A computer-controlled electro-hydraulic system capable of automatically adjusting the marine leg bucket elevator to deal with material surges. If the bucket digs into a stockpile of heavy material like iron ore, the bucket speed is automatically adjusted to maintain a constant unloading rate. Additionally, the marine leg hoist senses the surge load, automatically lifts the leg out of the pile and generates an overpressure to the hydraulic system to empty out the buckets.
The self-tensioning hydraulic winch automatically compensates when waves cause a barge to shift between the transshipper’s pontoons. The winch also controls the digging force into the material pile, thus minimizing the effect of this operation on the stability of the barge.
The high speed of the reclaim system means that the barge and the transshipper’s platform have to be moved continually in order to unload the barge. This movement must be in a controlled manner if the barge is not to hit and damage the transshipper’s columns or the offloading ship. To achieve this control, there are four hydraulic traction winches and four self-tensioning hydraulic mooring winches that are operated through a central computer station. The winches not only hold the platform and barge against the ship side, but also traverse the barge at an adjustable speed. The traction winches are also used to steer the barge safely between the transshipper’s pontoons.
The unloading system includes two luffing/slewing scrapers attached to the marine leg reclaimer. The scrapers are adjustable and deal with variations in the width, height and configurations of cargo holds in different barges. The scrapers have electro-hydraulic controls that compensate for movements of the barge in relation to the marine leg reclaimer, and also have a surge load protection in the event of the scrapers getting flooded in the cargo pile. These features are unique to marine applications. Land-based systems currently in use do not have these requirements.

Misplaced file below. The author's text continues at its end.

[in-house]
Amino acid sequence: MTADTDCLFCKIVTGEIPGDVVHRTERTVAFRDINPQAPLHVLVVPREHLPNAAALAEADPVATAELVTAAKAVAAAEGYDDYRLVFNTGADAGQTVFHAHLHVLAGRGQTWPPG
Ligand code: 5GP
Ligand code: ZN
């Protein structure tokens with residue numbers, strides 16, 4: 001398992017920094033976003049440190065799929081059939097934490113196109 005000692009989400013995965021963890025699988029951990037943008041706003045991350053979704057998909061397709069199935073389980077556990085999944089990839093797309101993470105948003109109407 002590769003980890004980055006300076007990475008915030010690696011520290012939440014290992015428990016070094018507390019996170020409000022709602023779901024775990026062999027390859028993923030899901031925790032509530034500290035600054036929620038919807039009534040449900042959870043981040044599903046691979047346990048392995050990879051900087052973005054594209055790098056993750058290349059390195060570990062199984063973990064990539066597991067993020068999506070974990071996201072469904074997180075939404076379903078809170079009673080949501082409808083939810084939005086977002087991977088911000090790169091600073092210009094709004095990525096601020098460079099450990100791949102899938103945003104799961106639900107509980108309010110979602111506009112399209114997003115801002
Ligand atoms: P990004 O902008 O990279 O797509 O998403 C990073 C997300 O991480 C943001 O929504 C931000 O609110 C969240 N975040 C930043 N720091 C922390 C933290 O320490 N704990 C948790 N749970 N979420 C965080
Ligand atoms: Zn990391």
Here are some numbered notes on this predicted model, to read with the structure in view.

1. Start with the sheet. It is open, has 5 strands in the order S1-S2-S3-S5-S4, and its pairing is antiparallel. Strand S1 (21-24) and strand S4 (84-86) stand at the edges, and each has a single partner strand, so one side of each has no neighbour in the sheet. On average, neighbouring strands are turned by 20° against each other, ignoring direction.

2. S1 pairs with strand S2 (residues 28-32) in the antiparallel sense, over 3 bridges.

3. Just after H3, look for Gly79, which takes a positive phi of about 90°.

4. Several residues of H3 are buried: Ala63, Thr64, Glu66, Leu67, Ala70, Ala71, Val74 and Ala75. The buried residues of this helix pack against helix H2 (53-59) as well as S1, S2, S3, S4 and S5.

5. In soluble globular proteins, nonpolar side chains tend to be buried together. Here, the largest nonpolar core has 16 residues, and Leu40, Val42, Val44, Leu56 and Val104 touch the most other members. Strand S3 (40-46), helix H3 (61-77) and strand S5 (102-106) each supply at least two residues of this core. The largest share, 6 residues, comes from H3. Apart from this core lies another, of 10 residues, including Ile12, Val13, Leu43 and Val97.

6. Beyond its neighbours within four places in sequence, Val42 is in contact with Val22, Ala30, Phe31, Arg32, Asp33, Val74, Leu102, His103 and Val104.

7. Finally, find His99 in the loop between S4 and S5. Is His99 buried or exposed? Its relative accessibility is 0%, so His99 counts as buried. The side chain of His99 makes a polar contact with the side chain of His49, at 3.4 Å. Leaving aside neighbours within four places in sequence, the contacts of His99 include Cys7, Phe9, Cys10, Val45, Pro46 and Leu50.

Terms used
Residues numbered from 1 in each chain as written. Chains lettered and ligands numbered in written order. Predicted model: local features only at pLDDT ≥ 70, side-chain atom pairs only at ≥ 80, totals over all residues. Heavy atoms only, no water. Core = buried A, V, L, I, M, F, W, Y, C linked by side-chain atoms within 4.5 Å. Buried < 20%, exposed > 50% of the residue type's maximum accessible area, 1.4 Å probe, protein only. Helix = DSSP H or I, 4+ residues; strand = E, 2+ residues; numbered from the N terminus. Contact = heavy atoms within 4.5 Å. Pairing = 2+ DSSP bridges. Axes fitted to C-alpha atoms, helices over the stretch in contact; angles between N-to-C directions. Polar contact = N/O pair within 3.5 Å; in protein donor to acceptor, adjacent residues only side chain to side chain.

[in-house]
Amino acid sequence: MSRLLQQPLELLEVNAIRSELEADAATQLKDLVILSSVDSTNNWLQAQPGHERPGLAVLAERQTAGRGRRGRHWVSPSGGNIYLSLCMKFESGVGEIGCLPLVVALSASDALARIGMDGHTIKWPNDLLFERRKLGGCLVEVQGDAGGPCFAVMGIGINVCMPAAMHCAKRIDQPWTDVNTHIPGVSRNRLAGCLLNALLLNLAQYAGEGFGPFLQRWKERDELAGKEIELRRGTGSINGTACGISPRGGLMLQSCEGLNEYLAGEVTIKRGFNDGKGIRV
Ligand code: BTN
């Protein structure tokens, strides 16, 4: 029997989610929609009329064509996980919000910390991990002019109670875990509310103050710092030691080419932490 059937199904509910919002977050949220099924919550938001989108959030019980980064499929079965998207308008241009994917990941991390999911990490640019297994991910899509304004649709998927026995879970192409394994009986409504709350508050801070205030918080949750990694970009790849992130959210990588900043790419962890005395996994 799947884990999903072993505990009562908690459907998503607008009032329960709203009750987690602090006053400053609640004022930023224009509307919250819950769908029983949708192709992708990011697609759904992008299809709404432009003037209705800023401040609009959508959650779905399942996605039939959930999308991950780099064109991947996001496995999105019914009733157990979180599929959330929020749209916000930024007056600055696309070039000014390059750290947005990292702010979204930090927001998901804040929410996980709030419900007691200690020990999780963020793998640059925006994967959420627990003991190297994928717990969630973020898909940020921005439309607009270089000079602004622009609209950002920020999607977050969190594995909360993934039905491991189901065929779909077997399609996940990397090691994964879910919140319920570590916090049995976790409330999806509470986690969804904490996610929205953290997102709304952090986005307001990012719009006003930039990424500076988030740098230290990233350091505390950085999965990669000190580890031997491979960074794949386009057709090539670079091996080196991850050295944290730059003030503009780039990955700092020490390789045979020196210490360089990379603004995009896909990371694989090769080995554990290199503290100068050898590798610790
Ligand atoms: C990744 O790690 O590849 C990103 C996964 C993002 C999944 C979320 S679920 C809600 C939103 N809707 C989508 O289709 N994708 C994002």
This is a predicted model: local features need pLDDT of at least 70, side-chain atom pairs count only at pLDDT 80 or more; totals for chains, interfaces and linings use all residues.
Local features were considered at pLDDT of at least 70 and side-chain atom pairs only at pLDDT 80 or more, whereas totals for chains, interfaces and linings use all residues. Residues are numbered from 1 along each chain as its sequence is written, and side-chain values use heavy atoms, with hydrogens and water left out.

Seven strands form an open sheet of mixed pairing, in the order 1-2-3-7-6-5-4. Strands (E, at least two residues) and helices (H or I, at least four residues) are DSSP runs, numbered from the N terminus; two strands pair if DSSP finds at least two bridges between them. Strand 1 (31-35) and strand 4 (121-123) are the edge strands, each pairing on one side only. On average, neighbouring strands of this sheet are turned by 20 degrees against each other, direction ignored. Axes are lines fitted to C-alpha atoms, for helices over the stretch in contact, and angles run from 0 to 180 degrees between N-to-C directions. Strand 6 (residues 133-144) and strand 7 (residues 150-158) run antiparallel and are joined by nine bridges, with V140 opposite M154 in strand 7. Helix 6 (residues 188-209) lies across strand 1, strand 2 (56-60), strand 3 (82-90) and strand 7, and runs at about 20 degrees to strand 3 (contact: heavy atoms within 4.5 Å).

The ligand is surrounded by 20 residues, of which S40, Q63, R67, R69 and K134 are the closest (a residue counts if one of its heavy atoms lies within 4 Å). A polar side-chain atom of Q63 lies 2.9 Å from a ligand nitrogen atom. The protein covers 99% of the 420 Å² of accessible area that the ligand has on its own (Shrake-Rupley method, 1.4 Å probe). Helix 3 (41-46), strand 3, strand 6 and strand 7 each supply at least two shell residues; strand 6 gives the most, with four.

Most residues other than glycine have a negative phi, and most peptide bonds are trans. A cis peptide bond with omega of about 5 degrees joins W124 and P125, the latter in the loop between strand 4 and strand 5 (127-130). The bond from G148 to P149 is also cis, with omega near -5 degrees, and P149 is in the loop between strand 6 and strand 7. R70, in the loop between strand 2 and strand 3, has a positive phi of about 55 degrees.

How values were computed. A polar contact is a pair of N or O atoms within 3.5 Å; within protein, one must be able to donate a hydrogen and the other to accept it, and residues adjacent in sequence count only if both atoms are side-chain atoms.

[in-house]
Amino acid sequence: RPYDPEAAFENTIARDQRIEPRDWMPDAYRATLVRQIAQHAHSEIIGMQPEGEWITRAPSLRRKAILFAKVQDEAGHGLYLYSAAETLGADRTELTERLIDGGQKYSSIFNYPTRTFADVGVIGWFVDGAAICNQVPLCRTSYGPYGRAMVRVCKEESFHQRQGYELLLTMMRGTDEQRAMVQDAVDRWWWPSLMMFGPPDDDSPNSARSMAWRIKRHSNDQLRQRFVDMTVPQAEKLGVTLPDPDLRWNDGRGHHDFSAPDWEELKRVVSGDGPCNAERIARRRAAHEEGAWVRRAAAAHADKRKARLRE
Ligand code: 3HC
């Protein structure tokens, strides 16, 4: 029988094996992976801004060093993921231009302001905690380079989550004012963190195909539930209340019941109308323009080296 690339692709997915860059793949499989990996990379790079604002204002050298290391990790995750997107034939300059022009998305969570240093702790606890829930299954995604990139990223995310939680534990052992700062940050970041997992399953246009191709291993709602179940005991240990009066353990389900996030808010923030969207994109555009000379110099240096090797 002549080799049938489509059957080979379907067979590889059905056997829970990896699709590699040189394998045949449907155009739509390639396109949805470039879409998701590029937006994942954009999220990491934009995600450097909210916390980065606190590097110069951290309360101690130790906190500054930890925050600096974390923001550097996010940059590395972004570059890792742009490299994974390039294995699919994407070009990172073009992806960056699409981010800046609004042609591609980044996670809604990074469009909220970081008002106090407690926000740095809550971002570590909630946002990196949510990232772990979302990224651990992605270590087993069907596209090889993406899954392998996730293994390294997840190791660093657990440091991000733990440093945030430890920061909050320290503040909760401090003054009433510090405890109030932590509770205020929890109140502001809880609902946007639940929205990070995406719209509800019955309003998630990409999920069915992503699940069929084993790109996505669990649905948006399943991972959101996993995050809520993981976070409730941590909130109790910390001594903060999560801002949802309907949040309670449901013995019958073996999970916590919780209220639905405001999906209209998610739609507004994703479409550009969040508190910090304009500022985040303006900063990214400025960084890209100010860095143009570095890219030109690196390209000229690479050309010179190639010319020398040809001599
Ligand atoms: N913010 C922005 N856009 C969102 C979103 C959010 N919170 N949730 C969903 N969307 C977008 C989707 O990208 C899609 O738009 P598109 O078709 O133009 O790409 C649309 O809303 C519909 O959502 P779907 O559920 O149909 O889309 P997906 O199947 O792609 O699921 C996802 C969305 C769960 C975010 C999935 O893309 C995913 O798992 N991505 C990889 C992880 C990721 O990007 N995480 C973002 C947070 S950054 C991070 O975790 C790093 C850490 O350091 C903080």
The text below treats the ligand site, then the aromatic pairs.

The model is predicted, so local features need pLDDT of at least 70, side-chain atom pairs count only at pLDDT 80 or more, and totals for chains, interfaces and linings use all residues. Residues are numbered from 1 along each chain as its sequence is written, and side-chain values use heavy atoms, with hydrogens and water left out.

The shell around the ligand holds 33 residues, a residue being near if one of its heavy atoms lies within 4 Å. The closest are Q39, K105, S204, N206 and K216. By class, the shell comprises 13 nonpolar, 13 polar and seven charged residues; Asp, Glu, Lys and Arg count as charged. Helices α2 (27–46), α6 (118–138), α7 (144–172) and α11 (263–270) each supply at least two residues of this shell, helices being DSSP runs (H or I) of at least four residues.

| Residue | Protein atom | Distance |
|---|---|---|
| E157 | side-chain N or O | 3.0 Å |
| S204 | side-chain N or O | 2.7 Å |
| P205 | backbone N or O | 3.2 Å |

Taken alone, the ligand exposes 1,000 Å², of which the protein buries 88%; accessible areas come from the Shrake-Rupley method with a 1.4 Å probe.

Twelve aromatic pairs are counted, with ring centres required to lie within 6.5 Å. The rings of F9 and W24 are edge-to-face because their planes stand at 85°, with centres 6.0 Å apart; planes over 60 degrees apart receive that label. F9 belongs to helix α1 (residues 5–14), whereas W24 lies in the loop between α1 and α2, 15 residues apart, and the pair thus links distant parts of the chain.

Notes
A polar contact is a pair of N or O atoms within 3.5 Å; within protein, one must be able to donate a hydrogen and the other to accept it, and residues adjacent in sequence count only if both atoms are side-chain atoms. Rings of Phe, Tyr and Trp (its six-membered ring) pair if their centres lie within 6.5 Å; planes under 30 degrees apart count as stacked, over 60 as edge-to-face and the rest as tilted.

A transfer conveyor that pivots around a loading chute luffs up 7 degrees and down 15 degrees based on the position of the marine leg reclaimer, thus minimizing degradation of the material product. The support tower is used as a sampling station.
The telescopic boom is equipped with an articulated chute for loading material into a ship’s cargo hold.
Cost and schedule
Due to the prototype nature of the project, the original budget of US $8 million was exceeded by 12%. The construction schedule of nine months was also delayed when the shippers in Indonesia included new operational requirements.
Seabulk has, however, gained considerable experience from this prototype development and is presently working on a second semi-submersible transshipper that will meet cost and schedule targets. Seabulk’s engineering, procurement and construction management fees totalled US $500,000.CCE
Project name: Semi-Submersible Transshipper
Award winner: Seabulk Systems Inc., Richmond, B.C. (engineering prime consultant)
Project team leaders: Sidney Sridhar, P.Eng., Patrick Kennedy, P.Eng., David Popoff, P.Eng., Dale Chen, P.Eng., Anna Klimek, P.Eng., Peter Phillips, Eric Hurst, Rob Snider, Lu Chang Li, Rafael Santos, Bong Chung
Client/Owner: Semisub Transshippers Inc.
Other key players: Marine Research Institute of China (MARIC) (naval architect); Fleet Technology (marine engineers); Westinghouse (PLC control system)
Semi Submersible Transshipper, Indonesia